Labor is warning thousands of vulnerable Australians will be at risk of poverty if the federal government tinkers with the eligibility criteria for the disability pension.
Recipients of the disability support pension (DSP) could be examined by independent doctors to see if they’re still eligible for the payments under changes reportedly being considered by the government.
Disability pensioners assessed by their family doctor prior to changes introduced by Labor in 2011 could be re-examined by specialists from the Department of Human Services, Fairfax Media reports.
Social Services Minister Kevin Andrews is leading a review into the welfare system, and has expressed concerns about the number of people receiving the DSP instead of being encouraged back into work.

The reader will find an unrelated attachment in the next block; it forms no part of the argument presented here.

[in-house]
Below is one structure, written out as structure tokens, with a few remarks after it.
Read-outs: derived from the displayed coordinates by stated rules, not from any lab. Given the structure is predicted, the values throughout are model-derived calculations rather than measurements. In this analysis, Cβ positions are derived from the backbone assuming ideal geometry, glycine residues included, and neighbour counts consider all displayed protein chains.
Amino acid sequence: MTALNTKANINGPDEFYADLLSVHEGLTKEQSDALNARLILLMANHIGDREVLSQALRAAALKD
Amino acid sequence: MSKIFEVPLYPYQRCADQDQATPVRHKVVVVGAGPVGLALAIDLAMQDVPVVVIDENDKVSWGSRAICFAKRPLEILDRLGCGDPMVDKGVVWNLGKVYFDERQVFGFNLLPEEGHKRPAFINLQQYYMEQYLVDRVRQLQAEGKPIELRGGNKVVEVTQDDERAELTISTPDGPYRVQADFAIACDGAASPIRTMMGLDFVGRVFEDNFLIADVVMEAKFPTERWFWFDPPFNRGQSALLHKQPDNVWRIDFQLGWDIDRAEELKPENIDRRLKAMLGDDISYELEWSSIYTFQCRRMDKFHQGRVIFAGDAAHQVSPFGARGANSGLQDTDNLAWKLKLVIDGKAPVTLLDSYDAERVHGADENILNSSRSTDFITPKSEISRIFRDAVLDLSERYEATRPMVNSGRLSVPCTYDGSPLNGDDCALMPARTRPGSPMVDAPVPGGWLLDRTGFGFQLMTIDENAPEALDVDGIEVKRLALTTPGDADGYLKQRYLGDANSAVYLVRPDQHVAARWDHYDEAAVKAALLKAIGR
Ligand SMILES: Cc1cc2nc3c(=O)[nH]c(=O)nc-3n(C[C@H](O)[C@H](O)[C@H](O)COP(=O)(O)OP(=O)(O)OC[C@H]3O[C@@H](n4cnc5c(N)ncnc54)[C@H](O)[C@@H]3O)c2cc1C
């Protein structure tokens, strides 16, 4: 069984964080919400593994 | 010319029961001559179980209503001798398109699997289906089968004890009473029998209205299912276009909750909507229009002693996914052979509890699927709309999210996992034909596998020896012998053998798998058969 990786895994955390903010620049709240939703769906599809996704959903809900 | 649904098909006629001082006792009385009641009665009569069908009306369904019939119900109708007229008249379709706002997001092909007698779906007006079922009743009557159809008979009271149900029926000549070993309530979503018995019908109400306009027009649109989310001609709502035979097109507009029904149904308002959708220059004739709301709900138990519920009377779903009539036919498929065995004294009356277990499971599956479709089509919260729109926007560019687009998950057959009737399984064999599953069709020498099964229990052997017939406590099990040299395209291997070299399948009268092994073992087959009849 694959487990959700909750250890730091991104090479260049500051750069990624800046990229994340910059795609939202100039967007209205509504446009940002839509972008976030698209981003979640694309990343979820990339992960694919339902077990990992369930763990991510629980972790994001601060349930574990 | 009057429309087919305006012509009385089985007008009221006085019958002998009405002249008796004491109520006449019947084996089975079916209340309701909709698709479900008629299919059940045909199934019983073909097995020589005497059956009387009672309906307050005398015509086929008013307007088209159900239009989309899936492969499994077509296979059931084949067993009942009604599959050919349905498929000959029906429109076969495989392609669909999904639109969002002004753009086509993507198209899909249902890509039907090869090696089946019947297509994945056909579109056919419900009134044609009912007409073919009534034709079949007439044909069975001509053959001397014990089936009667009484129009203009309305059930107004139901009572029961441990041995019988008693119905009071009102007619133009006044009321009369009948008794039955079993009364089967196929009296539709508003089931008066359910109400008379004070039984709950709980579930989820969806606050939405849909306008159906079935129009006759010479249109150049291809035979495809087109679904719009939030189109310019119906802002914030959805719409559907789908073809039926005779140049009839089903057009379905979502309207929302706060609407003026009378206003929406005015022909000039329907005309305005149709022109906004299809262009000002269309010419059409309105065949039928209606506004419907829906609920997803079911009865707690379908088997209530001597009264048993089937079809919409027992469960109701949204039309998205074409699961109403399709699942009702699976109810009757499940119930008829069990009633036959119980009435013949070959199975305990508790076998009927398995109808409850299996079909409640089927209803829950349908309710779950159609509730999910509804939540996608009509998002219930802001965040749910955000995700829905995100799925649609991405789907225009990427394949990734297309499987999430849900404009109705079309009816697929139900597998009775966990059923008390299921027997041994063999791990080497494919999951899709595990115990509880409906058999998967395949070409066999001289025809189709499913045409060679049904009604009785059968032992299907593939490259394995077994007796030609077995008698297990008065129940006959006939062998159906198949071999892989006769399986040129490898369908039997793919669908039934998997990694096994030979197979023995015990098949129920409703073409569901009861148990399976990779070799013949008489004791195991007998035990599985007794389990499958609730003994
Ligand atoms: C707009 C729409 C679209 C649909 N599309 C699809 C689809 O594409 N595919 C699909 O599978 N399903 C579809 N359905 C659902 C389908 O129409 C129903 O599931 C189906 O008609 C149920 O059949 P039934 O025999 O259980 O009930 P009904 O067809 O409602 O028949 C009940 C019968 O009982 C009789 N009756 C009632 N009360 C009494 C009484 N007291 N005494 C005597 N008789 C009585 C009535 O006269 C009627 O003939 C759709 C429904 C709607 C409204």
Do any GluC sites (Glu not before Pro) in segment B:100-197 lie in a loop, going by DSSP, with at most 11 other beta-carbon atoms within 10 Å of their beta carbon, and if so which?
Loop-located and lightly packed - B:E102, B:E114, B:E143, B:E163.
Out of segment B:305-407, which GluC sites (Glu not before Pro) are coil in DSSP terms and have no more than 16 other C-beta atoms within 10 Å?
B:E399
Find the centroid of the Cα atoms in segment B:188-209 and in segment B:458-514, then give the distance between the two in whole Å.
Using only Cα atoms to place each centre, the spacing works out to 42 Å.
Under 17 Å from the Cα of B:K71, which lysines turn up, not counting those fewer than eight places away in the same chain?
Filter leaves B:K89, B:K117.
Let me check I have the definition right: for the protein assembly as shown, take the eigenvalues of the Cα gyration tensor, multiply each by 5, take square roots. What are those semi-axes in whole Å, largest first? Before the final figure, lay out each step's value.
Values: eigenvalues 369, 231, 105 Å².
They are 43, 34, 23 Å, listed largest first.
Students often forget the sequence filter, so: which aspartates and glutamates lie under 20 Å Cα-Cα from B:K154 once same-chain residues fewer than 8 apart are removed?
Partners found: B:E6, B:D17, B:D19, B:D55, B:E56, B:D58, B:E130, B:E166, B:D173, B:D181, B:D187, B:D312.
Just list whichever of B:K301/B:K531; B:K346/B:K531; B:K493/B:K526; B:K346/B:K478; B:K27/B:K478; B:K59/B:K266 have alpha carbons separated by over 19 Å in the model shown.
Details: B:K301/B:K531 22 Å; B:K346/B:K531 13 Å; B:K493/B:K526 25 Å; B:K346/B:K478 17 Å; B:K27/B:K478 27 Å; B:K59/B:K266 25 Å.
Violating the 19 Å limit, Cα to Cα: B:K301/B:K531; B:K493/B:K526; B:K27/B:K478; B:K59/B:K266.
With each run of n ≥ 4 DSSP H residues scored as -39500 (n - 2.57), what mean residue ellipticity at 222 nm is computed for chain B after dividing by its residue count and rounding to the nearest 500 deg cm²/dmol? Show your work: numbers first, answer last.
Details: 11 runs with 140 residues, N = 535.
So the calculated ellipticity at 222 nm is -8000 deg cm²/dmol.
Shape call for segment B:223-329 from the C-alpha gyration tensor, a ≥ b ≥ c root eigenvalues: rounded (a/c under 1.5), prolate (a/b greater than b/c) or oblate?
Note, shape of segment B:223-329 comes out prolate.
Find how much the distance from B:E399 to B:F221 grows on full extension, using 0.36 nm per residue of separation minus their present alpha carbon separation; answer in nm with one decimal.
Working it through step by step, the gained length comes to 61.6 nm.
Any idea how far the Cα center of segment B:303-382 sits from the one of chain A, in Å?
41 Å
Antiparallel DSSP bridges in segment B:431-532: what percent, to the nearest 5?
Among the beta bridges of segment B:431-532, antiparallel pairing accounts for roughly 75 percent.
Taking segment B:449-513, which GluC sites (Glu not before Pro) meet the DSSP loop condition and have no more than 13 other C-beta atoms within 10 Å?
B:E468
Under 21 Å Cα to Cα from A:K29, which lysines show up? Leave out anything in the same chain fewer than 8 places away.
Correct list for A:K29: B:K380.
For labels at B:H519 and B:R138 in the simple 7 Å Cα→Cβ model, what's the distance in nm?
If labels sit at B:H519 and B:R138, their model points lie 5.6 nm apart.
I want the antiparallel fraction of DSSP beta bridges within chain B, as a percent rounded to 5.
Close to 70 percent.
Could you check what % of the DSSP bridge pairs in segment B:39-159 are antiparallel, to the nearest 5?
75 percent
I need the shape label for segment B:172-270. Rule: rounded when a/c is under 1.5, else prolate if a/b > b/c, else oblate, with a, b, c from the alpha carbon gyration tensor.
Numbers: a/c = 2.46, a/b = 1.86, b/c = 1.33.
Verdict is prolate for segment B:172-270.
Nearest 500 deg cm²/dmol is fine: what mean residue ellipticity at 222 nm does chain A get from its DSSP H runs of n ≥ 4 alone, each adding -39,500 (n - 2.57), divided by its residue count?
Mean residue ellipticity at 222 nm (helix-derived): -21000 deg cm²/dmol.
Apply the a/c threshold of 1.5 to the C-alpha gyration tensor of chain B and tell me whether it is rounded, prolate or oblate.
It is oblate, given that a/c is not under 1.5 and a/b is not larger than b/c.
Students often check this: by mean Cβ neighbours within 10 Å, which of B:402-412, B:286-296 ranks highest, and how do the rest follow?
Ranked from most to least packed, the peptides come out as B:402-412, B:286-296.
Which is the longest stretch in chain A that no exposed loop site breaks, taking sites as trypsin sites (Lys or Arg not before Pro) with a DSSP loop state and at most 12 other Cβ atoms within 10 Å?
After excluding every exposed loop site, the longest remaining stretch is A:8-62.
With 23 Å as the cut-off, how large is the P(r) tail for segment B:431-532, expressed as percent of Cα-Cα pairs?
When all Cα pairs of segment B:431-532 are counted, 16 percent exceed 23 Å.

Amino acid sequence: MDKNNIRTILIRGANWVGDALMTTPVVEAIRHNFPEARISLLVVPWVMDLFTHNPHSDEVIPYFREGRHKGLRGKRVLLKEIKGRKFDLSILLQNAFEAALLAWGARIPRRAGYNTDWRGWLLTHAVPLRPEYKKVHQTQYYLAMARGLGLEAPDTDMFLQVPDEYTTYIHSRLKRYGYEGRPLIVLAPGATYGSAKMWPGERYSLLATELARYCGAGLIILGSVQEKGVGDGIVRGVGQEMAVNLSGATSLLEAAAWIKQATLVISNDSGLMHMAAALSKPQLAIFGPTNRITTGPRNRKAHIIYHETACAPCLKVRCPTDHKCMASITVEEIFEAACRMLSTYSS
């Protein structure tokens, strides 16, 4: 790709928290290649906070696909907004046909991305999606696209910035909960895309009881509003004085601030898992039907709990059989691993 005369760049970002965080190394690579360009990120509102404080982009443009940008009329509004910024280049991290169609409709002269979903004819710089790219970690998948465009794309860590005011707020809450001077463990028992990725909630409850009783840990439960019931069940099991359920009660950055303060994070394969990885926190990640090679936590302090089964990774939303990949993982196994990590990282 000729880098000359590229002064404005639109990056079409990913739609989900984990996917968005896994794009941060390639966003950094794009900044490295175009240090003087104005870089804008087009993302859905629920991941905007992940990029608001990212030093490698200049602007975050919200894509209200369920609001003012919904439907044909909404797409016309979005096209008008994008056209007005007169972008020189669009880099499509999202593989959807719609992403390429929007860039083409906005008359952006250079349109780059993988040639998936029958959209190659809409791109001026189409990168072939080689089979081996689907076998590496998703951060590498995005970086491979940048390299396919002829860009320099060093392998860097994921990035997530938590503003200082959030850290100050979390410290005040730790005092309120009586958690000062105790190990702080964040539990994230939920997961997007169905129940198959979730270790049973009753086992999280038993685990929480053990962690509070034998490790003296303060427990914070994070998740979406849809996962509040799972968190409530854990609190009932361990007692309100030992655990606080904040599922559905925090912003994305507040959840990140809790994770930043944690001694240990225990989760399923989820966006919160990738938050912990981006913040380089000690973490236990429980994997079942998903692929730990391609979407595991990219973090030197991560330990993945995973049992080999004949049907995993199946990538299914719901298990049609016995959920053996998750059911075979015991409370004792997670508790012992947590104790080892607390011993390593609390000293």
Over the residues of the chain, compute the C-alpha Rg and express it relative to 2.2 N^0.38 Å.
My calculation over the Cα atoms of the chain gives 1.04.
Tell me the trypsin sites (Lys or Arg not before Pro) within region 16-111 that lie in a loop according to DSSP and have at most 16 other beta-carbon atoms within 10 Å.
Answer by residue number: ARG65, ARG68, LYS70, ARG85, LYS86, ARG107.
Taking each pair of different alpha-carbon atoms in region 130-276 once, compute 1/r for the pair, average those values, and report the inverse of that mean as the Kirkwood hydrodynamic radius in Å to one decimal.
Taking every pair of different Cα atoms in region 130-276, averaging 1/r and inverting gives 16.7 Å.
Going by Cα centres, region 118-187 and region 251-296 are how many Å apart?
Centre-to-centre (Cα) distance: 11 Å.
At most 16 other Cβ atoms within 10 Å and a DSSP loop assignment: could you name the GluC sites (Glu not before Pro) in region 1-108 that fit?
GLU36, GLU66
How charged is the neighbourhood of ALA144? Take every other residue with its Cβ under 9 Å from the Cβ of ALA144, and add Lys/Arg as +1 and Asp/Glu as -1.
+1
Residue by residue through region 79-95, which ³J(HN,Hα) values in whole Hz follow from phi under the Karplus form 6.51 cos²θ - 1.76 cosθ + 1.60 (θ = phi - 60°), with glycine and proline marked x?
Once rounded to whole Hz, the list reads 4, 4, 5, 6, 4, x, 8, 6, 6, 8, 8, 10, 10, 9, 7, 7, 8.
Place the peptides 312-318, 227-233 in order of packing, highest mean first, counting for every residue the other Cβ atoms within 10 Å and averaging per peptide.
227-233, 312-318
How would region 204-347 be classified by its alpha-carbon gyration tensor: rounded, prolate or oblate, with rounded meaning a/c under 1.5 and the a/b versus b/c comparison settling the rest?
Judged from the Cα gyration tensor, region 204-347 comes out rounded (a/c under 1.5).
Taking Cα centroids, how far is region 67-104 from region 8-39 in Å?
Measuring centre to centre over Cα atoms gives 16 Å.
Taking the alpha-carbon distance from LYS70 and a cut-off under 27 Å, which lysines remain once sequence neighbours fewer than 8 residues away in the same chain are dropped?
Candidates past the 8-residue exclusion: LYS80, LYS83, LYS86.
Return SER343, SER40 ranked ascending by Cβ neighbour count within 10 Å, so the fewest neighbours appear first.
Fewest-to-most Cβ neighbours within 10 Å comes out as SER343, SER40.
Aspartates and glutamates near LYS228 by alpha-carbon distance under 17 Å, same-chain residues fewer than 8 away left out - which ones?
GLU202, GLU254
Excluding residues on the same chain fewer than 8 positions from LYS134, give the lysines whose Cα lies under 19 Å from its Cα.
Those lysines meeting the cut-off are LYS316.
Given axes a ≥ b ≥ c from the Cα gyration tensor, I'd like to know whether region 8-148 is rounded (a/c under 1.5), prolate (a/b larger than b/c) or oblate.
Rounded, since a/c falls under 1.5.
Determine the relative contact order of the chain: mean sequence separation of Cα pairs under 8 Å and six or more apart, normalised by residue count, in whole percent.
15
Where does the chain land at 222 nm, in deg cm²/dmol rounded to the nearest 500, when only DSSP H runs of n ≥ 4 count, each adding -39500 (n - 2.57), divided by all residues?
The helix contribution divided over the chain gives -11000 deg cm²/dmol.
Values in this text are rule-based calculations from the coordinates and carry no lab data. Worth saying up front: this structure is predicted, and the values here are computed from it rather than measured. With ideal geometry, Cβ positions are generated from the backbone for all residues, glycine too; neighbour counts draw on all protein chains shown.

Labor disabilities spokeswoman Jenny Macklin said the government’s claims of a welfare crisis were “rubbish” and simply a tactic to cut support for vulnerable people in the upcoming May budget.
“The Abbott government can’t tell the Australian people what their plan to get people into work is, because they don’t have one,” Ms Mackin said in a statement on Sunday.
She said under Labor’s reforms to the DSP, the number of people receiving the payments between 2012 and 2013 fell for the first time in 30 years.
The Australian Council of Social Service said reform was needed to improve job prospects for people on pensions, but it wouldn’t support any changes that took money away from those who need it most.
“If the government chooses to go down that road, it would be a major backward step and extremely damaging to some of the most vulnerable members of our community,” ACOSS CEO Cassandra Goldie said in a statement.
The government has warned the costs of administering the DSP – currently received by more than 800,000 Australians – could blow out if not addressed.